Craft in the Real World: Rethinking Fiction Writing and Workshopping

Available

Product Details

Price
$16.95  $15.59
Publisher
Catapult
Publish Date
Pages
256
Dimensions
5.5 X 8.2 X 0.7 inches | 0.62 pounds
Language
English
Type
Paperback
EAN/UPC
9781948226806

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About the Author

Matthew Salesses is the author of three novels, Disappear Doppelgรคnger Disappear, The Hundred-Year Flood, and I'm Not Saying, I'm Just Saying, and a forthcoming essay collection. He has taught at Coe College, the Ashland MFA program, the Tin House and Kundiman summer workshops, and writing centers like Grub Street and Inprint, among others. He has edited fiction for Gulf Coast, Redivider, and The Good Men Project and has written about craft and creative writing workshops for venues like NPR's Code Switch, The Millions, Electric Literature, and Pleiades. He was adopted from Korea and currently lives in Iowa.

Reviews

An Esquire Best Nonfiction Book of the Year

Salesses is clearly a generous instructor, willing to share ideas for syllabus design, grading techniques and writing exercises. He brings to this work many years of experience as a writer and professor, along with palpable frustration at what he has witnessed or endured in these roles . . . Craft in the Real World is a significant contribution to discussions of the art of fiction and a necessary challenge to received views about whose stories are told, how they are told and for whom they are intended. --Laila Lalami, The New York Times Book Review

A real eye opener . . . It unpacks the seemingly 'universal' lessons we learn about what makes fiction good to reveal how whiteness and maleness have shaped those values. --Kumari Devarajan, Code Switch, NPR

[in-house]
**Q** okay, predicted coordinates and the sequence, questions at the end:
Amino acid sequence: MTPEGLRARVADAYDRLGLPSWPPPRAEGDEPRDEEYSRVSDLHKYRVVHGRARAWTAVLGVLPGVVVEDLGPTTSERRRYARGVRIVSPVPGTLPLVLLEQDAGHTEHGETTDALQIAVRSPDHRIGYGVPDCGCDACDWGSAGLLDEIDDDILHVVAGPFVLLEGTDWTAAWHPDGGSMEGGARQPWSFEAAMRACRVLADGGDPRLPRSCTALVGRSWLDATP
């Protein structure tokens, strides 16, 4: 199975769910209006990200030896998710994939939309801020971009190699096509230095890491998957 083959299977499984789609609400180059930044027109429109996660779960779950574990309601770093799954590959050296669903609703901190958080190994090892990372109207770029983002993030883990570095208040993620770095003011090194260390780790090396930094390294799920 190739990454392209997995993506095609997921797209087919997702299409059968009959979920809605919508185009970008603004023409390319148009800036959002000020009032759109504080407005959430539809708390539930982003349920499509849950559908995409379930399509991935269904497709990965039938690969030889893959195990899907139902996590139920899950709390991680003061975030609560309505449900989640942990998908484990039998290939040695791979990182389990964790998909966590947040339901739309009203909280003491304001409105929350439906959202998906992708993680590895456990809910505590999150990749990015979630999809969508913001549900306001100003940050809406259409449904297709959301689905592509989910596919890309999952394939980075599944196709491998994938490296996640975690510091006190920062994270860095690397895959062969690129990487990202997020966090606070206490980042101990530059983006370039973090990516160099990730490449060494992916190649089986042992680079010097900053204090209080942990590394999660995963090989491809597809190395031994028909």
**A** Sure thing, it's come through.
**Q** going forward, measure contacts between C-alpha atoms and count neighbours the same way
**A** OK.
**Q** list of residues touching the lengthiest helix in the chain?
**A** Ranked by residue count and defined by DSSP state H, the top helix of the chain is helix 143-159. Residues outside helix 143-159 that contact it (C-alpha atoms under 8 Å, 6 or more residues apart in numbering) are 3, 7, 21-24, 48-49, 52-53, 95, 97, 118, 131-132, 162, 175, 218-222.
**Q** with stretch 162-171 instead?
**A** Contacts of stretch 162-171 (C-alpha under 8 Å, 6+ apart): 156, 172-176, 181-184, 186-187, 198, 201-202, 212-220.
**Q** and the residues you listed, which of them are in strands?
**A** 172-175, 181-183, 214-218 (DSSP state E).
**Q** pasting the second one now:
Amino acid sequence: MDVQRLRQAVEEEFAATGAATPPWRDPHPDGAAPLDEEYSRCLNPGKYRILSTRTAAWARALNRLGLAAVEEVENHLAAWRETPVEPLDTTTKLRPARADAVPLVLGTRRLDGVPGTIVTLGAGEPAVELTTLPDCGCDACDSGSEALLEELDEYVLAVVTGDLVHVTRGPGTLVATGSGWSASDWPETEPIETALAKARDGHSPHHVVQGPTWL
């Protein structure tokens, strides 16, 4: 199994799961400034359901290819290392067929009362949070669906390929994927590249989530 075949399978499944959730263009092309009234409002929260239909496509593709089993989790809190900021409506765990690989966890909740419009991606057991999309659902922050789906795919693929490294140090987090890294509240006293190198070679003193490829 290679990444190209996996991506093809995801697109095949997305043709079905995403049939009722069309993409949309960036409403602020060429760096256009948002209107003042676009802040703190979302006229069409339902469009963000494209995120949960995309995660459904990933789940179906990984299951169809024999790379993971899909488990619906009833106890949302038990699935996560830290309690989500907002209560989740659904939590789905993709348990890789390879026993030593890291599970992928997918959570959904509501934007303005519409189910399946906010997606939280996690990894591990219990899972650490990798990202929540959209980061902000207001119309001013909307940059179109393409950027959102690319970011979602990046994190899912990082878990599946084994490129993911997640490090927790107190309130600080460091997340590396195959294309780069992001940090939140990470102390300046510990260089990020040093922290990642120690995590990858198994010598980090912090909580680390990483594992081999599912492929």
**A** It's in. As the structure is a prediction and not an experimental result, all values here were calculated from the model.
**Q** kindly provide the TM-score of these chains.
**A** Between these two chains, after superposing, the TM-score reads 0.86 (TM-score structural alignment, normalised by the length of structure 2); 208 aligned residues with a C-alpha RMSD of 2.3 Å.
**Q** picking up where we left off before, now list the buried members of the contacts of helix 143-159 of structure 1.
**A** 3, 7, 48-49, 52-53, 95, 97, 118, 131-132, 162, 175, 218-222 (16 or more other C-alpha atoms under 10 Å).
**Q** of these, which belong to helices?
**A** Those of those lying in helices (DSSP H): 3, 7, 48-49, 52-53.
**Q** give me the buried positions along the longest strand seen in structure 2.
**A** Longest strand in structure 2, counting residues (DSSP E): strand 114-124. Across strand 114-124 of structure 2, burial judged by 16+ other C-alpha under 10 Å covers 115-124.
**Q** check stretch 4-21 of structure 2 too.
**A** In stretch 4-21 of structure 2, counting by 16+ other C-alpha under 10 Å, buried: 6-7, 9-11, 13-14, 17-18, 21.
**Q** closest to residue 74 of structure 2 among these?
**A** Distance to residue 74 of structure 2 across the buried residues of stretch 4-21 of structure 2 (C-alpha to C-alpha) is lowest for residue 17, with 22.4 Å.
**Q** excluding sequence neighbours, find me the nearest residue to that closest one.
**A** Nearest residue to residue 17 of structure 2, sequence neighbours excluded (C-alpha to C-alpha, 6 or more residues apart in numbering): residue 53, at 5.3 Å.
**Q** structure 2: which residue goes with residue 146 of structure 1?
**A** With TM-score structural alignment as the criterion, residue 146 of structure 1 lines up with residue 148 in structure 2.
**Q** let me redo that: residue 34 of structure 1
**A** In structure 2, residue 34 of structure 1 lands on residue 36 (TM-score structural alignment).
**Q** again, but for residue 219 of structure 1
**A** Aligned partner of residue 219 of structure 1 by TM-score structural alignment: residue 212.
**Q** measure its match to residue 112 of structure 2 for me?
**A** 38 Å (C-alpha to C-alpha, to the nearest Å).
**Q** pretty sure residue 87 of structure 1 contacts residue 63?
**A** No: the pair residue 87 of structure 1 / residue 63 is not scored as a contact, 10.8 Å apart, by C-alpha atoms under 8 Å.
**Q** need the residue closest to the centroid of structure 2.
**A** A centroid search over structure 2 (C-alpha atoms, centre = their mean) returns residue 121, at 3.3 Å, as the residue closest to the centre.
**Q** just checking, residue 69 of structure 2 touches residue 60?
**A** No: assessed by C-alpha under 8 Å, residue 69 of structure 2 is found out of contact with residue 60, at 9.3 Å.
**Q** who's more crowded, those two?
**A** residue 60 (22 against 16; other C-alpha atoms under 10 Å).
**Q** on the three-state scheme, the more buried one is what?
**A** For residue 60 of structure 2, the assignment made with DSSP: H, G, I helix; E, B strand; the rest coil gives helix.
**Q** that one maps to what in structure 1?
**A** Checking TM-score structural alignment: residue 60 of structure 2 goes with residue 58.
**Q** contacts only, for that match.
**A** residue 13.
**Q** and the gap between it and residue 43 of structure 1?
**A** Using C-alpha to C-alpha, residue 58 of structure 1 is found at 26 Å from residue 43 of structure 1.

This book is for any engaged reader, as it illustrates the impact of dominant cultural narratives on how we create and judge fiction . . . Delivered epiphany after epiphany. --John Warner, Chicago Tribune

In this firmament-shattering examination of how we teach creative writing, Salesses, a novelist and professor, builds a persuasive argument for tearing up the rulebook. Tracing the traditional writing workshop to its roots in white, male cultural values, Salesses challenges received wisdom about the benchmarks of 'good' fiction, arguing that we must reimagine how we write and how we teach. Only then will our canon and our classrooms be the inclusive, expansive spaces we want them to be. --Adrienne Westenfeld, Esquire, A Best Book of the Year

A call for revolution . . . For those interested in teaching creative writing, particularly through an anti-racist lens, Salesses provides not only the what and the why but the how. His book is a compendium of essays, enumerated thoughts on craft, a glossary of redefined craft terms, a catalogue of alternative workshop models, sample syllabus language, writing and revision exercises, and other forms--the full generosity of an experienced teacher saying, 'Here, you're welcome to everything I have.' --Keri Bertino, BOMB

An analytic investigation into the racialized history of craft and the ways BIPOC, LGBTQIA+, and other underrepresented voices are erased in creative writing workshops . . . An essential read to any writer or creative writing instructor, regardless of genre . . . Craft in the Real World feels like a literary microcosm for the current global state of affairs. There is the sensation that readers are at once learning and unlearning, doing and undoing . . . It encourages writers, readers, and teachers to get uncomfortable in order to create more inclusive realities. --Candace Eros Diaz, CRAFT

The world has changed, and the writing workshop must catch up. An essential addition to the bookshelf of anyone interested in creative writing, Salesses' text provides a compassionate approach sure to bring a new generation of authentic voices to the page. --BookPage (starred review)

This book is a stunning conflagration, and I wish I had it with me for the past twenty plus years of navigating writing workshops, both as student and teacher. It is a blueprint for a way forward to build better writing programs, and thus a new kind of writer and teacher who can imagine beyond a structure that often hurt them and left them in need of repair . . . Salesses has offered both a torch to light the fire, and a safe path to the new world that we can now start to build. --Neelanjana Banerjee, The Millions
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